There are roughly three primary schools to each high school in the Western Cape, a problem that has been plaguing the province since before 1994.
This means that 1 in 3 children will not be able to attend a public high school close to home - if at all.
Siphosethu Runqu, a Khayelitsha community activist, said in the Victoria Mxenge area alone there are five primary schools which are feeder schools to only one high school.
“In our area alone, not even the rest of Khayelitsha, we only have one high school and five primary schools. Now tell me, where are all these children who are now in grade 7 going to go next year for grade 8?
“The children are not going to remain in grade 7 forever, they will progress to the next grade. We need for there to be consideration of this,” he said.
’We are not raising drop-outs here’
Runqu said one of the reason Usasazo Secondary School was shut down by parents on Tuesday was because it is the only high school that services the area.
“We need more high schools to be built. They need to be equivalent to the number of primary schools. We are not raising drop-outs here,” he said.
School admissions in the Western Cape have been a contentious issue with political parties and student organisations participating in the blame game. Every year, parents queue outside schools for placement.
To curb this, the Western Cape Education Department (WCED) introduced an online enrolment and admissions portal where parents applied online and also manually at the schools.
However, that has come with its own problems as there are still thousands of children who have not been placed at schools, most especially grade 8 pupils.
According to the Western Cape Education Department (WCED), there is a total of 1 449 public schools in the province. Of which, 984 are primary schools and only 384 are high schools, a difference of 600 schools.
The rest of the 80 schools are intermediate or combined schools.
WCED spokesperson Bronagh Hammond said there were 713 947 primary school pupils from grade 1-7 and 385 454 high school pupils from grade 8-12 enrolled in the province.
Lack of school infrastructure and staff
Former South Peninsula High School principal Brian Isaacs, who has more than three decades of experience, said he was concerned about the education system.
He said the main concern was too few teachers, lack of high schools and the shortage of Mathematics and Physical Sciences’ teachers – to name a few.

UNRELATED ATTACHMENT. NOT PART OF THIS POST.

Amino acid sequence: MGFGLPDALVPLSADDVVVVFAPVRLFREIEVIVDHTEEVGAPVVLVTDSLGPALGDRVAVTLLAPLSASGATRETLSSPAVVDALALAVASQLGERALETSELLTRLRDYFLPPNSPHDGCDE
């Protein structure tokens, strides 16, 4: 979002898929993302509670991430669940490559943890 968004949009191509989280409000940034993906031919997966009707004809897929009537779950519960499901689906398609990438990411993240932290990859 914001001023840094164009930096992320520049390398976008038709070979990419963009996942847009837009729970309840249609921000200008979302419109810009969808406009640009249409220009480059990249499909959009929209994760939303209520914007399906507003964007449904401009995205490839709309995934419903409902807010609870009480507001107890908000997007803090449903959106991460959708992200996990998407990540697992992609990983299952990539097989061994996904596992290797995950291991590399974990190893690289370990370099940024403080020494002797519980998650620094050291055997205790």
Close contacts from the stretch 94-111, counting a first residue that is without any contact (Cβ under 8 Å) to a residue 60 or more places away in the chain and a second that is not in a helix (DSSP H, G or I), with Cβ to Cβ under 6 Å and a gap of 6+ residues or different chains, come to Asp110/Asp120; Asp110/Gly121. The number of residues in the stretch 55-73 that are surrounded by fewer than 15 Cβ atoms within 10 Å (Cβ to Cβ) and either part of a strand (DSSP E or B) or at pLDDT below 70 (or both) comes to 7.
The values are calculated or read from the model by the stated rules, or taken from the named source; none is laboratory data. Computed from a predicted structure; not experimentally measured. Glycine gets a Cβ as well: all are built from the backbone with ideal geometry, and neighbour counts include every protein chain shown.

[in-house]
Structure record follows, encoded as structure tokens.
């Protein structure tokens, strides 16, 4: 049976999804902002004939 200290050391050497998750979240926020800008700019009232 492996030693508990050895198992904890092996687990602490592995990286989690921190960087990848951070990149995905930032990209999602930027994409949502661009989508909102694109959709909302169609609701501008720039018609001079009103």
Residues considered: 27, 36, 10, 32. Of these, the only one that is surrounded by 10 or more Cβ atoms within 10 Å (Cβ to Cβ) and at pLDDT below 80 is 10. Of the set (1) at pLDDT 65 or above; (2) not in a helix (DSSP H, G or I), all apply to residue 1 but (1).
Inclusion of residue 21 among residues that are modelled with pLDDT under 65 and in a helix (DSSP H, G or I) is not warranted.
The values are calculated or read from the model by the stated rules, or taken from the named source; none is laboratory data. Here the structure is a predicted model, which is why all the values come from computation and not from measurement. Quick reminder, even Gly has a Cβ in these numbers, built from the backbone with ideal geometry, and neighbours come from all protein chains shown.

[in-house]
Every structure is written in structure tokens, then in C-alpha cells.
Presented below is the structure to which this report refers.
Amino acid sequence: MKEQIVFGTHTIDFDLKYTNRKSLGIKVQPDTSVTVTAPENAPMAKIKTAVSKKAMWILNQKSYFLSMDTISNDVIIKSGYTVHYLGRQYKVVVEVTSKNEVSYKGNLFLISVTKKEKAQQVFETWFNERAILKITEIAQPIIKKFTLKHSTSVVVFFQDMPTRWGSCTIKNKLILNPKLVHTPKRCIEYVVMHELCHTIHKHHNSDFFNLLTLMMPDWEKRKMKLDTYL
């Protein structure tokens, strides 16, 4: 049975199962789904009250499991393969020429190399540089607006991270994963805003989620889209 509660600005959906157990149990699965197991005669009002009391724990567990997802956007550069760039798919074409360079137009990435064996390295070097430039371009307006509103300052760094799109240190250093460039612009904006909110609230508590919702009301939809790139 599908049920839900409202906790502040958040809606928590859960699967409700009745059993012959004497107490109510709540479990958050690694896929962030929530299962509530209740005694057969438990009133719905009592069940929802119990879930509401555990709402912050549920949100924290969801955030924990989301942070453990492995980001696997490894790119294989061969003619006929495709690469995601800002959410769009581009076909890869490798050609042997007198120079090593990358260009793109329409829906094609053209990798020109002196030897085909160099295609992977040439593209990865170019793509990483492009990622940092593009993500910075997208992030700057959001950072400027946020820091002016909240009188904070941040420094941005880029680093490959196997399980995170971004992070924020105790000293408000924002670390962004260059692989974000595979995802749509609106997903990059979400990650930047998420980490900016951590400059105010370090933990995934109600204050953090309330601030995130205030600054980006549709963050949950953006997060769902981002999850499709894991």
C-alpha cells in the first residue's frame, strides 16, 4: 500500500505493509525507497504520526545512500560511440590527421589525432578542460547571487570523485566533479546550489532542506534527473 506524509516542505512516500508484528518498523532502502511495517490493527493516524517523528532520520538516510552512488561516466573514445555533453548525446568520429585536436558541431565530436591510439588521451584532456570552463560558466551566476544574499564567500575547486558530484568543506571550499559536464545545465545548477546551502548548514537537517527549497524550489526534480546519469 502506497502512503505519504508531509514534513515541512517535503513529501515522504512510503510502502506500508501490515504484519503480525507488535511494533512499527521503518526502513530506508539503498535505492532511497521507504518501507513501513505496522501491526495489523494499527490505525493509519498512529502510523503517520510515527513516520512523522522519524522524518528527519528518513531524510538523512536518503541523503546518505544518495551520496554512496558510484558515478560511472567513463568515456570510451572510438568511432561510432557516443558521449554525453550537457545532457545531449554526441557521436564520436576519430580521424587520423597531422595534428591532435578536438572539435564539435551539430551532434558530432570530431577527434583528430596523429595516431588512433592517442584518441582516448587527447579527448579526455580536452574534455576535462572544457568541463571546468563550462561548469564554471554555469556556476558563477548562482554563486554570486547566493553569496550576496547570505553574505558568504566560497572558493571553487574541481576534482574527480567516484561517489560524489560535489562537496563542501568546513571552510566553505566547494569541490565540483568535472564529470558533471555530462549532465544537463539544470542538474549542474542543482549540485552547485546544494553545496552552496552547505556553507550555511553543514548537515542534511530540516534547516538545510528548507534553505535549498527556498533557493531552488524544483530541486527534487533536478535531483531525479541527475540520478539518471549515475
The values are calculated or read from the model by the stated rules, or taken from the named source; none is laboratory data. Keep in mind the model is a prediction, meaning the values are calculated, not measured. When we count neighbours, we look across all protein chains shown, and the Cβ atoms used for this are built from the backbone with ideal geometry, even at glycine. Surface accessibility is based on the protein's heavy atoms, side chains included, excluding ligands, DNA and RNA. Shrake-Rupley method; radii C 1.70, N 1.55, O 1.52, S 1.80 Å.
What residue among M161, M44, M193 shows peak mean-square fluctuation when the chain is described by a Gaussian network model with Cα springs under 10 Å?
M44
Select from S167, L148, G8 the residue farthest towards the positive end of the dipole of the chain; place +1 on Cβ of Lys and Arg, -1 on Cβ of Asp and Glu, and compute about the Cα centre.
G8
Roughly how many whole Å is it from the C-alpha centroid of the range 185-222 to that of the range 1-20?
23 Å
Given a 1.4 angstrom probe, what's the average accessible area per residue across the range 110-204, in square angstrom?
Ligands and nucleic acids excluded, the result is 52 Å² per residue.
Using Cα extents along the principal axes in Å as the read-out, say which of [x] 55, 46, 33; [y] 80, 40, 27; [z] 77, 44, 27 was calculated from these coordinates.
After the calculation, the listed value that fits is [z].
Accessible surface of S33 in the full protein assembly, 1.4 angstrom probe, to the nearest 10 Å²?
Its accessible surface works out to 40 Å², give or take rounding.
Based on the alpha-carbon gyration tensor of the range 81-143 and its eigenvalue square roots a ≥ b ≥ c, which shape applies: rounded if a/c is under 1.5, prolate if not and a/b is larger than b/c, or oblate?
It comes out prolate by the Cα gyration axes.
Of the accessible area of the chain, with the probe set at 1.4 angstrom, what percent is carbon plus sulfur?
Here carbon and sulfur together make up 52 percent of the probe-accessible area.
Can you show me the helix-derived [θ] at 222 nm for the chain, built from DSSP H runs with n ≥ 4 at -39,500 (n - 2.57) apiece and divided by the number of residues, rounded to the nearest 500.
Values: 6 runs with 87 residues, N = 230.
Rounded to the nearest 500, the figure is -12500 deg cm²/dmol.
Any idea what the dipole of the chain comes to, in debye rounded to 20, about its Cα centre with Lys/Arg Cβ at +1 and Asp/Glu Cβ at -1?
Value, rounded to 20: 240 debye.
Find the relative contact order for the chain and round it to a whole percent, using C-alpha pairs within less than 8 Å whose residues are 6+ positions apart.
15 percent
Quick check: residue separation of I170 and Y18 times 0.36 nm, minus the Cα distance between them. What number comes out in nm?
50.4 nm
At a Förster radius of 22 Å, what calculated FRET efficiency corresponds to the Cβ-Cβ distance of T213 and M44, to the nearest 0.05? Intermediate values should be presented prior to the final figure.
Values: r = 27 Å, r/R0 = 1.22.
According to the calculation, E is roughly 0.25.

According to the provincial ANC and the Congress of South African Students (Cosas), the WCED has identified Mitchells Plain, Eerste River, Strand, Delft, Du Noon, Mfuleni, Khayelitsha, Vredenburg, Mossel Bay, Hermanus and Grabouw as the areas most affected by the problem of insufficient school capacity.
“The reality of the matter is that pupils in the Western Cape are suffering from insufficient school capacity. While the demand for learning places at schools in the Western Cape continues to grow annually, the WCED has failed to augment school capacity to match the demand,” the two organisations said.
The two sited an Annual School Survey data that showed that enrolment in Western Cape schools for Grades 1 – 12 in Public Ordinary Schools increased from:
- 2016 - 998 925
- 2017 - 1 020 642
- 2018 – 1 044 596
- 2019 – 1 063 293
- 2020 – 1 077 927
As of January 25, 2021, there were 1 050 392 learners enrolled for Grades 1 – 12 in Public Ordinary schools in the Western Cape.
Western Cape Education MEC Debbie Schafer, admitted that there was not enough infrastructure and staff to accommodate the 19 000 extra pupils in the province this year. This is despite building 33 mobile schools, 54 brick and mortar schools and replacing 62 schools since 2009 to accommodate growth and ageing infrastructure.
Ratio per pupil
Department spokesperson Bronagh Hammond said the WCED has approximately 1 229 988 places in classes using a ratio of 1.2m per child.
“While accommodation is a concern in some communities that have grown rapidly, there is still the need for additional teachers to teach in those classrooms. Currently, our spend on personnel expenditure to non-personnel expenditure in public schools is 86:14, while national policy targets state it should be of the order of 80:20,” she said.
* This story is part of a series in which IOL will be scrutinising the ability of local and national government to provide quality education for all learners.